Tuesday, August 29, 2017

The Lake District Murder with a 'Sidecar'

John Bude's 'The Lake Distruct Murder' was the second of the British Library's Crime Classics I read, it was back in early 2014, I was careful not to give spoilers when I Wrote  about it, and I left my copy with my father (because I thought he'd enjoy it as much as I had) in the Borders. Which means the details are now hazy, and I can't check back to the book.

Never mind. I do remember enjoying it both for the descriptions of a bit of the country I've never managed to be in when it wasn't raining (so I'm taking those descriptions on trust) and for a plot that involved illicit booze along with the murder in the title.

I'm not sure that Inspector Meredith is really a cocktail man (though he seemed to enjoy a good cognac in 'Death on the Riviera', but his police bike has a sidecar, and I feel he might enjoy one of these if it came his way.

I had assumed that the Sidecar might have been a prohibition era cocktail (using lemon to disguise rough brandy), but it seems to have originated in Paris just after the First World War and was indeed named after the Sidecar on a motorbike. I've made the version from the Savoy Cocktail Book which is a simple 1 part lemon juice, 1 part Cointreau, 2 parts brandy, shaken over ice and strained. It seems the original Sidecar had more ingredients but they've been refined away with time. The French take on a Sidecar has equal amounts lemon, Brandy, and Cointreau which would make it slightly sweeter and a little weaker (some also put sugar round the rim of the glass).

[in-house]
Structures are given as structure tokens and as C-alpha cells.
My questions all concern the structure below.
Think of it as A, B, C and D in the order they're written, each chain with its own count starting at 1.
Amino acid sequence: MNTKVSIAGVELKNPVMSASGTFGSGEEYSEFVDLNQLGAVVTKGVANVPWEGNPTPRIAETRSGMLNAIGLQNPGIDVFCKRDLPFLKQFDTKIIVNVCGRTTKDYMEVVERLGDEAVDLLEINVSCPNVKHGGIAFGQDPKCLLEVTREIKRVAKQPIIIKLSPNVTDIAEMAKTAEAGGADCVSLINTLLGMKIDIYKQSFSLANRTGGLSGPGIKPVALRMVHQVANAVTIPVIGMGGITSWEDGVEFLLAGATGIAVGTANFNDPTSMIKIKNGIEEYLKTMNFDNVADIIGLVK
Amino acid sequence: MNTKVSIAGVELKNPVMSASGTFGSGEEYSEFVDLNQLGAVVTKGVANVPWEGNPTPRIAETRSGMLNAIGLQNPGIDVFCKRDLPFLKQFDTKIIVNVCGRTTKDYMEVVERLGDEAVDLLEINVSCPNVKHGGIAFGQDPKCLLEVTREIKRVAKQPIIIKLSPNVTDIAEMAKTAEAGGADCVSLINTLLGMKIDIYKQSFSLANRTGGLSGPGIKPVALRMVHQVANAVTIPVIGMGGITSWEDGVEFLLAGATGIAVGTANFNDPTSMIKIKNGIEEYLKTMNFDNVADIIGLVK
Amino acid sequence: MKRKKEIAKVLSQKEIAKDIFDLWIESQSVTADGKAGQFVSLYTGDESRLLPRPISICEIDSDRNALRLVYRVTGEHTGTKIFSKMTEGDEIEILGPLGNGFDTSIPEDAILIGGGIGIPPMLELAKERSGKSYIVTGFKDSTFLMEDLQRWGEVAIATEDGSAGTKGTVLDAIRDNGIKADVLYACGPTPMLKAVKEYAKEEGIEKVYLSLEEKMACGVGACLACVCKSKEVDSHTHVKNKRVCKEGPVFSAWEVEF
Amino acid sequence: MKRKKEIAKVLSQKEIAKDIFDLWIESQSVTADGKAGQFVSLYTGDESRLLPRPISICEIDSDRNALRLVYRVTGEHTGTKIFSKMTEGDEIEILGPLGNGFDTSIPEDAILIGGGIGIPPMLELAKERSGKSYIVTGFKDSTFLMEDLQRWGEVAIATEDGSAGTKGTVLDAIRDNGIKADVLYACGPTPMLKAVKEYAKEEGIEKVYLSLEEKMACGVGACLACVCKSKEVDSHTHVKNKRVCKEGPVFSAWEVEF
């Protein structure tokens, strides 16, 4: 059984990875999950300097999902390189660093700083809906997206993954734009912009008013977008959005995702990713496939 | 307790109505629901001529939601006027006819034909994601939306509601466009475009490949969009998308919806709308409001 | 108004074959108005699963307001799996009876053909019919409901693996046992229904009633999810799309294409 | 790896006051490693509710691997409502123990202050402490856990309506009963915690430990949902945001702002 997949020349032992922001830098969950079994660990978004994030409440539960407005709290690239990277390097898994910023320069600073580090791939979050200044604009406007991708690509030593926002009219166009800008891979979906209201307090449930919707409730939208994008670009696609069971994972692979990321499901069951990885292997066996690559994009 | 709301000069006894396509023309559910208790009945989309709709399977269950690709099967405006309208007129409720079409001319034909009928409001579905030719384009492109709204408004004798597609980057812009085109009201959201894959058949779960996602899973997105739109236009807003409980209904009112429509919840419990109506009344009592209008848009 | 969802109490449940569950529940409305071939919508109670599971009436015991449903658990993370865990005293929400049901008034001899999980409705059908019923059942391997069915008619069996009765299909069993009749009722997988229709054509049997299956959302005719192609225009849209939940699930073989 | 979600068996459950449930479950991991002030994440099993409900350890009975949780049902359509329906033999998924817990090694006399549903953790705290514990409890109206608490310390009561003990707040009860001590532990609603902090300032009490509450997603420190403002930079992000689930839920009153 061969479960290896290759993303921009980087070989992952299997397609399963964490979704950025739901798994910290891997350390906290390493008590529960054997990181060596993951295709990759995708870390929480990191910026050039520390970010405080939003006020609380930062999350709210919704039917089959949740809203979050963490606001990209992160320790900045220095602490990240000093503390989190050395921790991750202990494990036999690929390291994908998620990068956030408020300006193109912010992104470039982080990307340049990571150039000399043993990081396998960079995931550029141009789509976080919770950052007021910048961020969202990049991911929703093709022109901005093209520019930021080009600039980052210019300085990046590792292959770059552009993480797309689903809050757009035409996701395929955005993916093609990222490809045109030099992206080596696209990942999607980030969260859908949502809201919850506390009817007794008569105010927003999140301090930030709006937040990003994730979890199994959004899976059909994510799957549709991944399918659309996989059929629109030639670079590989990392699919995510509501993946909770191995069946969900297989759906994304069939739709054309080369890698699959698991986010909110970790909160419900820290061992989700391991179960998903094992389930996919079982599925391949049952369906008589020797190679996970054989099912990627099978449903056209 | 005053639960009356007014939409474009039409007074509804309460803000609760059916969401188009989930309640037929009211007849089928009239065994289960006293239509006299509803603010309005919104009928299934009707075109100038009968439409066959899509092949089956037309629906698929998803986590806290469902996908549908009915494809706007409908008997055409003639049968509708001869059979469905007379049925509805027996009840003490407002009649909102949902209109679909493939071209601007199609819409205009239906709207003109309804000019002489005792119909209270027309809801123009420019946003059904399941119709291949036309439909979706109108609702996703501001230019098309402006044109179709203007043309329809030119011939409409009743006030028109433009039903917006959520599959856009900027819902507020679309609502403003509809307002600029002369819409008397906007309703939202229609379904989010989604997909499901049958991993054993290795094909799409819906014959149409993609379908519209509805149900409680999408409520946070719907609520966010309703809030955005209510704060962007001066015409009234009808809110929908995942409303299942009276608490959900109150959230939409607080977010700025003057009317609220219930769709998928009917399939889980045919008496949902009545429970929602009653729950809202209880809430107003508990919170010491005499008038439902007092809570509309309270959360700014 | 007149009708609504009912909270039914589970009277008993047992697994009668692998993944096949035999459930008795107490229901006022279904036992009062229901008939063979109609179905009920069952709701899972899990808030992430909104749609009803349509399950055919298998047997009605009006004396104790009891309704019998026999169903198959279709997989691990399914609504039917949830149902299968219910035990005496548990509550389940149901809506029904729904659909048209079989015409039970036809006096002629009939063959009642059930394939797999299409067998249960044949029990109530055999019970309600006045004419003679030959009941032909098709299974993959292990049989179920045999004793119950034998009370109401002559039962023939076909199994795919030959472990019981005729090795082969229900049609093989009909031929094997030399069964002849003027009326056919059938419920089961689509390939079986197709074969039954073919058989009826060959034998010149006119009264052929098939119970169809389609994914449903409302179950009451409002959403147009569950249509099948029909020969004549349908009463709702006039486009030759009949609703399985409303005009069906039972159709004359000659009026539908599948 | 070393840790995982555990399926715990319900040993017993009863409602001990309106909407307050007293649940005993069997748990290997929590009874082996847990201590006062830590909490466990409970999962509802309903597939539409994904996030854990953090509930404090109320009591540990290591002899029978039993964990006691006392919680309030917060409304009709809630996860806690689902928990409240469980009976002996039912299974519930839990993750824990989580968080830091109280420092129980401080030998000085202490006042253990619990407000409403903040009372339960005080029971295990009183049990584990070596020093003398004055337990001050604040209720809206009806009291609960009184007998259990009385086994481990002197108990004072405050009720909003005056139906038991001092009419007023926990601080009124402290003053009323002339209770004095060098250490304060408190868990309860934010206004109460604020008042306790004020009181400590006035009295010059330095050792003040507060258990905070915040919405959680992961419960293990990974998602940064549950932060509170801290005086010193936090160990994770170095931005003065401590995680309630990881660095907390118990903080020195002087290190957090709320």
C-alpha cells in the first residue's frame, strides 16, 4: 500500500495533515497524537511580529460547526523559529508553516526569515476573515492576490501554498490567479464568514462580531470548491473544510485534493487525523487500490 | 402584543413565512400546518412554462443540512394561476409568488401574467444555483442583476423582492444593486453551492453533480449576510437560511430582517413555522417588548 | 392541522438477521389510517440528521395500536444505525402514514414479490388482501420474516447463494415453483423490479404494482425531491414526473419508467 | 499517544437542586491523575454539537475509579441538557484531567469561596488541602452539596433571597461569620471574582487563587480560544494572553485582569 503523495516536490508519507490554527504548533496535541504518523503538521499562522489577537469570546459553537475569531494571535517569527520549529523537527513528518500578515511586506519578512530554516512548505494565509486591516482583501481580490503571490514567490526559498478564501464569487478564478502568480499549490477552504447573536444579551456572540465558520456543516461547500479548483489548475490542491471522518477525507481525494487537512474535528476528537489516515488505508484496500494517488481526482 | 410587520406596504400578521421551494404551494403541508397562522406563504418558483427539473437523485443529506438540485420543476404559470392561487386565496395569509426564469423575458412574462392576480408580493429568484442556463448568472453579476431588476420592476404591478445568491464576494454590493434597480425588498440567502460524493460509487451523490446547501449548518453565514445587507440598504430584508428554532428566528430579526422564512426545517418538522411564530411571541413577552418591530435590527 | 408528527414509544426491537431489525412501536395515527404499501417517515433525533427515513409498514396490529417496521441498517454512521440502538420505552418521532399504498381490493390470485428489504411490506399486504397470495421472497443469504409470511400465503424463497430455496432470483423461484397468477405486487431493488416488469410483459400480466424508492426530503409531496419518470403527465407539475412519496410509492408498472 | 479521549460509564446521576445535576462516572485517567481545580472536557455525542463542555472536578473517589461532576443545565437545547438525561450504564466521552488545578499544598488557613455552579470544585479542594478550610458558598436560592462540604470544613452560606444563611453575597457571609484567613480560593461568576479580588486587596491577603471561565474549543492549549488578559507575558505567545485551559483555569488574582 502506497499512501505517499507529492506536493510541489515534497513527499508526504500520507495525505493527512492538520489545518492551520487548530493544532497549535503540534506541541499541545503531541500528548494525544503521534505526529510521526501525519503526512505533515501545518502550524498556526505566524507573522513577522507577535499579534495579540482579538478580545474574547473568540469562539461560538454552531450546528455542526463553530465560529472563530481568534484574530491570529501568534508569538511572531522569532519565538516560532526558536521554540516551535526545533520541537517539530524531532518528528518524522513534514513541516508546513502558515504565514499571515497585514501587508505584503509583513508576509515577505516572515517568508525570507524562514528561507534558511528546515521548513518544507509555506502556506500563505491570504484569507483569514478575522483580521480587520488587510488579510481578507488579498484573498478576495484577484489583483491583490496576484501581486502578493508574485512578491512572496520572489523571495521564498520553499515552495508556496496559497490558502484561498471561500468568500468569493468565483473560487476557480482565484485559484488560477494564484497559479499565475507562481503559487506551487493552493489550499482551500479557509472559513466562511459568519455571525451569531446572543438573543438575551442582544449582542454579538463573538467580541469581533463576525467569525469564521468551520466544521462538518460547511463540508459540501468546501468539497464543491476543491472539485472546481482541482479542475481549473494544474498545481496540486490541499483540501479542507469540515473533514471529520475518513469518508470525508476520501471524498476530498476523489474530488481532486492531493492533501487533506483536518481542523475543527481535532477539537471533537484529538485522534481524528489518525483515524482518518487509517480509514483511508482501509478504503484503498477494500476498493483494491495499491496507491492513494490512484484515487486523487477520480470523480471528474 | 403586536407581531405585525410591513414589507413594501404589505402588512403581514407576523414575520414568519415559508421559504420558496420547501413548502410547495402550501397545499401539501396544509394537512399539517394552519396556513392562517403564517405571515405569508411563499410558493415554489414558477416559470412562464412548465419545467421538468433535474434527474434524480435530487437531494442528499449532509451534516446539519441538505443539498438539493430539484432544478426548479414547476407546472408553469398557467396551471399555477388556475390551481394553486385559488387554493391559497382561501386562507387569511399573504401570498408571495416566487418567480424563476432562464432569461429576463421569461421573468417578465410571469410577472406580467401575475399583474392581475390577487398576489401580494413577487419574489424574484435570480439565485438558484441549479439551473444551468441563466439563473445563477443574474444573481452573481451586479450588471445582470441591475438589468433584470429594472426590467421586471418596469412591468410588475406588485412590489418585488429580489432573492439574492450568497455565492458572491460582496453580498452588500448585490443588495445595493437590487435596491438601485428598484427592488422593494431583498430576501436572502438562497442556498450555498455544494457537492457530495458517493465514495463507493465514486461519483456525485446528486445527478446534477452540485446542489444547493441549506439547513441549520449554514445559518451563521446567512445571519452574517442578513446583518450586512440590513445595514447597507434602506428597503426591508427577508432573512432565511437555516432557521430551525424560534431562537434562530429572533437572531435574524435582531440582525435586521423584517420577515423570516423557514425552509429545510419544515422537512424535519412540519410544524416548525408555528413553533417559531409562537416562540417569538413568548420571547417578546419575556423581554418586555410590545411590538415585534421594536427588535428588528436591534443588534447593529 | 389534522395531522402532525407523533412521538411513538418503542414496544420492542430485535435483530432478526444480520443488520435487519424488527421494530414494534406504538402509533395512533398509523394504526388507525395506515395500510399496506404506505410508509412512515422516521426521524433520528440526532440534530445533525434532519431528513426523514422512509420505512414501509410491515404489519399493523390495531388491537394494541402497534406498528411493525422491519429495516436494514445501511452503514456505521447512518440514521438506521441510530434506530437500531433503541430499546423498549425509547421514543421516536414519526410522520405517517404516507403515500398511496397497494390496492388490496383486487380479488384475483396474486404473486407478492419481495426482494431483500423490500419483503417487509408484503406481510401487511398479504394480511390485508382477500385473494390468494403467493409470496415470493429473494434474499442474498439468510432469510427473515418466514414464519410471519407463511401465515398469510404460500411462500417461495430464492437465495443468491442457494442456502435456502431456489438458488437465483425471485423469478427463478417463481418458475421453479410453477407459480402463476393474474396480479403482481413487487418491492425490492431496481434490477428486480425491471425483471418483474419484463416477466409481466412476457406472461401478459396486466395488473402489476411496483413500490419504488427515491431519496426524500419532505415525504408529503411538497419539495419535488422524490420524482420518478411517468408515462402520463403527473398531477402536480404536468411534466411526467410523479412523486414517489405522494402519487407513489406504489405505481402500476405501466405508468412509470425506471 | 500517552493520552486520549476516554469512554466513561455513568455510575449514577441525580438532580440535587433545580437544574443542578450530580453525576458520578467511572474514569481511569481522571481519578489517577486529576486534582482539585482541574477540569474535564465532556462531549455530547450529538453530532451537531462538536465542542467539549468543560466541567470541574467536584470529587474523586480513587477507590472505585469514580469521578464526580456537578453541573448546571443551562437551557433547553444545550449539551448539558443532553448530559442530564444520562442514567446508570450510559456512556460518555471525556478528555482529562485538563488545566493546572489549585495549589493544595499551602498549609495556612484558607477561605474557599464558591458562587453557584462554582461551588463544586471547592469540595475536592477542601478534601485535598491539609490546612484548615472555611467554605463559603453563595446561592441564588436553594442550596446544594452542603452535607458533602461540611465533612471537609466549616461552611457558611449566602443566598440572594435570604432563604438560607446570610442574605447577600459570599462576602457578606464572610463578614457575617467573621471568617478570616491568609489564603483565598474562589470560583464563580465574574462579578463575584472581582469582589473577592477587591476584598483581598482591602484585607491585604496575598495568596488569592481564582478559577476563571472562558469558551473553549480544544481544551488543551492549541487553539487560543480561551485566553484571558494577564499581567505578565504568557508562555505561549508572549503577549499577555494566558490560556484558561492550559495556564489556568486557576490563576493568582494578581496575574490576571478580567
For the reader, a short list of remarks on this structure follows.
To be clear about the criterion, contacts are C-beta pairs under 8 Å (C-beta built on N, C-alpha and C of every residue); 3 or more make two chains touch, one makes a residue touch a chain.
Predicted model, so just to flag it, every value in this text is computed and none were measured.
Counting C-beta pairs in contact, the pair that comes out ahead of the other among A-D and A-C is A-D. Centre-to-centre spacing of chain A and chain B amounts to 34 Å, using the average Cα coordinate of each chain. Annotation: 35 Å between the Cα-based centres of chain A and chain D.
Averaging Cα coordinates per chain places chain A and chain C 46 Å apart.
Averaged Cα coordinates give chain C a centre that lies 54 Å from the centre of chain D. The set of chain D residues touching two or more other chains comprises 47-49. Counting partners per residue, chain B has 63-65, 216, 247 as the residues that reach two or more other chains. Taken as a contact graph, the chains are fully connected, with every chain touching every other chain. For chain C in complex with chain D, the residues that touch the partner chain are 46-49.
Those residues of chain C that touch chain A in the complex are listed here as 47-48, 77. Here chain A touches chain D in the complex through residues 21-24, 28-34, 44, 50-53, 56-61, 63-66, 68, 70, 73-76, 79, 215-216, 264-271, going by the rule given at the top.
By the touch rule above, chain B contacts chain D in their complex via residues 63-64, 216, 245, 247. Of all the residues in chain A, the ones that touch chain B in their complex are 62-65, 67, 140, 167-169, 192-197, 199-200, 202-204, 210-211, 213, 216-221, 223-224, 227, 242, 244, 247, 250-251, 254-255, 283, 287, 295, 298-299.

In the Harry Craddock version the lemon and brandy both vie for dominance, the result is mouth-wateringly sharp, and for once tastes every bit as strong as it is. There's something quite uncompromising about it, which I like. It also feels like a distinctly masculine cocktail from the name down to the suggestion of expensive cologne that I associate with brandy (you can find the same notes on the nose from both, and I notice an increasing number of scents that describe themselves as having a brandy smell about them).

Inspector Meredith might not have drunk these, but some of the bars he was watching must have served them...

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